Baseball Crank
Covering the Front and Back Pages of the Newspaper
April 13, 2009
BASEBALL: More Farewells

Rest in peace, Harry Kalas and Mark Fidrych, both of whom died suddenly, Kalas collapsing in the broadcast booth at age 73, the Bird in an accident on his farm at 54.

I looked a little at Fidrych's celebrated rookie season in this post.

UPDATE: Following up on a point in that post - Fidrych, of course, is best known and will be most vividly remembered for his offbeat personality, but from a numbers point of view the great unanswered question of his career was whether, if he hadn't gotten hurt, Fidrych would have continued to be a highly successful pitcher, given his extremely low strikeout rate. As I noted in that 2008 post, he may well have struck more guys out as he matured as a pitcher, but if he hadn't, could he have sustained anything like his career 126 ERA+ with his career K rate of 3.71 per 9 innings? Well, I ran the numbers, and among pitches who threw 1000 or more innings after World War II while striking out fewer than 4 batters per 9 innings, there were a few successful pitchers, albeit almost all of them relievers. Leaving aside the guys this picks up who were already in mid-career by 1945, only six managed an ERA+ of 110 or better:

Dan Quisenberry (146)
Mel Parnell (125)
Bob Stanley (118)
Greg Minton (118)
Dave Rozema (117)
Ned Garver (112)

although other reasonaly successful pitchers on that list included Bill Lee, Larry Gura, Ed Figueroa, and Randy Jones. Then again, only six pitchers since 1960 have thrown 1000 innings with a lower HR/9 rate than Fidrych's 0.5 (one of them being Minton); combine that with Fidrych's career rate of 2.16 BB/9, and you have a highly unusual combination; since 1945, only two other pitchers besides Fidrych have thrown 250 career innings while allowing as few as 0.5 HR and 2.2 BB/9, those being Mariano Rivera and Steve Howe. Both of those guys were relievers with good K rates - another way of saying that Fidrych's skill set as an extreme low-K, low-BB, low-HR starting pitcher was somewhat historically unique. Whether he could have sustained it, like so much about Fidrych, is a question that remains frozen in time in the mid-70s and unanswerable, just as Fidrych will remain in our memory, forever 21, lanky and eccentric.

Posted by Baseball Crank at 6:35 PM | Baseball 2009 | Comments (10) | TrackBack (0)

Chien-Ming Wang (0.5 HR, 2.6 BB, 4.0 K) might be the best recent example of a player with similar skills to Fidrych.

Presumably, if Fidrych had remained healthy, he'd have benefitted greatly from the arrival of Trammell and Whitaker in 1977.

Posted by: Jerry at April 13, 2009 7:54 PM

I just saw an old Fidrych MNB game vs the Yanks from June 76 a few days ago on MLB network. Very strange to hear that he died. I was 9 when he was a rookie, and I remember the excitement his starts generated. As a Met fan, I compare it to Doc's starts in 84-85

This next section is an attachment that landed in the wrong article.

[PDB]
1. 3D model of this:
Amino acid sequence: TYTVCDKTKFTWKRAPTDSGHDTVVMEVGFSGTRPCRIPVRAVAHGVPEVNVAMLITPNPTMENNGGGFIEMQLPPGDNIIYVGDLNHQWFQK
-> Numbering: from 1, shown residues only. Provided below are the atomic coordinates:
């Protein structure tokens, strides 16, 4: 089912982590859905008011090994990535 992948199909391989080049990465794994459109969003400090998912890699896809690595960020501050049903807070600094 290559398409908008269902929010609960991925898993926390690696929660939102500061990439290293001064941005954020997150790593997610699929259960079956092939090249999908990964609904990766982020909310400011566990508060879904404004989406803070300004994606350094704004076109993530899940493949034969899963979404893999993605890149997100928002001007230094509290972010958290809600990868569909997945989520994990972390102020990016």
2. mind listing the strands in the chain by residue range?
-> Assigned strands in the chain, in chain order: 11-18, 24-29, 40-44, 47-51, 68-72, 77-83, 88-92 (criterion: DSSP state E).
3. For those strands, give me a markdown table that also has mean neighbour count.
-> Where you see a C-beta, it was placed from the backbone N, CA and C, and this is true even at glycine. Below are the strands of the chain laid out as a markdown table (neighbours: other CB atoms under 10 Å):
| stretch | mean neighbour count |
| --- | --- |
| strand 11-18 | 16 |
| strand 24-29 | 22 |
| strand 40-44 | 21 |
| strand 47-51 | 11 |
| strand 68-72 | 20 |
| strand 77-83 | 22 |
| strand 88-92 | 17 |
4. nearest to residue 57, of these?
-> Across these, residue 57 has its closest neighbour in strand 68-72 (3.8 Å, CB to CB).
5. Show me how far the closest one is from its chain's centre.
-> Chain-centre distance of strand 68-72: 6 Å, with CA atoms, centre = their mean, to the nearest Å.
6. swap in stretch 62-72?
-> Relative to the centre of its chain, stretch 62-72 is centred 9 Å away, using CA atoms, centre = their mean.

I then looked up his stats. Houk killed him. Not only did he throw all of those complete games in 76(one game he pitched into the 12th inning!), but look at 77. He came back at the end of May, and proceded to throw CG after CG until he finally burned out in July, including a CG in his first game back! His few starts in 78 were also marked by CGs and high innings per start. What might have been.

Posted by: DS at April 13, 2009 9:50 PM

I really think the White Sox have a shot this year. Anybody agree? I am Christian finance writer, but grew up in Chicago. I will probably visit and see some Sox games this summer. I have cousin that works for the the White Sox organization.

Jim Paris
Daytona Beach, FL

Posted by: Jim Paris at April 13, 2009 9:56 PM

Base ball wow, I live in Easton Pa and I am proud of my Phillies, that is were you learn about a come from behind victory no one thought it would be done but they had heart and tenacity, this year thy will display the same so let be supportive.

Posted by: sam wilson at April 13, 2009 10:57 PM

"Chien-Ming Wang (0.5 HR, 2.6 BB, 4.0 K) might be the best recent example of a player with similar skills to Fidrych. "

Jerry, I think you jinxed him!

Posted by: MVH at April 14, 2009 9:07 AM


Posted by: joyce at April 14, 2009 9:39 AM


Posted by: joyce at April 14, 2009 9:39 AM

I remember listening to the radio as a kid when Fidrych retired Remy, Burleson (I think) and Lynn to start the game on a total of 3 pitches.

I rooted for him in his 1982 comeback attempt with the Sox and while he pitched okay for the most part it was more of a sideshow than a real bid. How would you have liked to have seen his minor league match-up against then-demoted reigning AL ROY Dave Righetti?

Posted by: jim at April 14, 2009 11:12 AM

The Bird is one of those great stories of baseball's the people in the game that really make it unique...and this post is why a Democrat like myself keeps coming back to this site...good post...

Posted by: Austin Divorce Lawyer at April 14, 2009 11:41 AM

The Bird brought a lot of life to baseball that summer of '76. There has not been anyone like him since and not many before. RIP Bird, we loved you.

Posted by: maddirishman at April 14, 2009 1:11 PM
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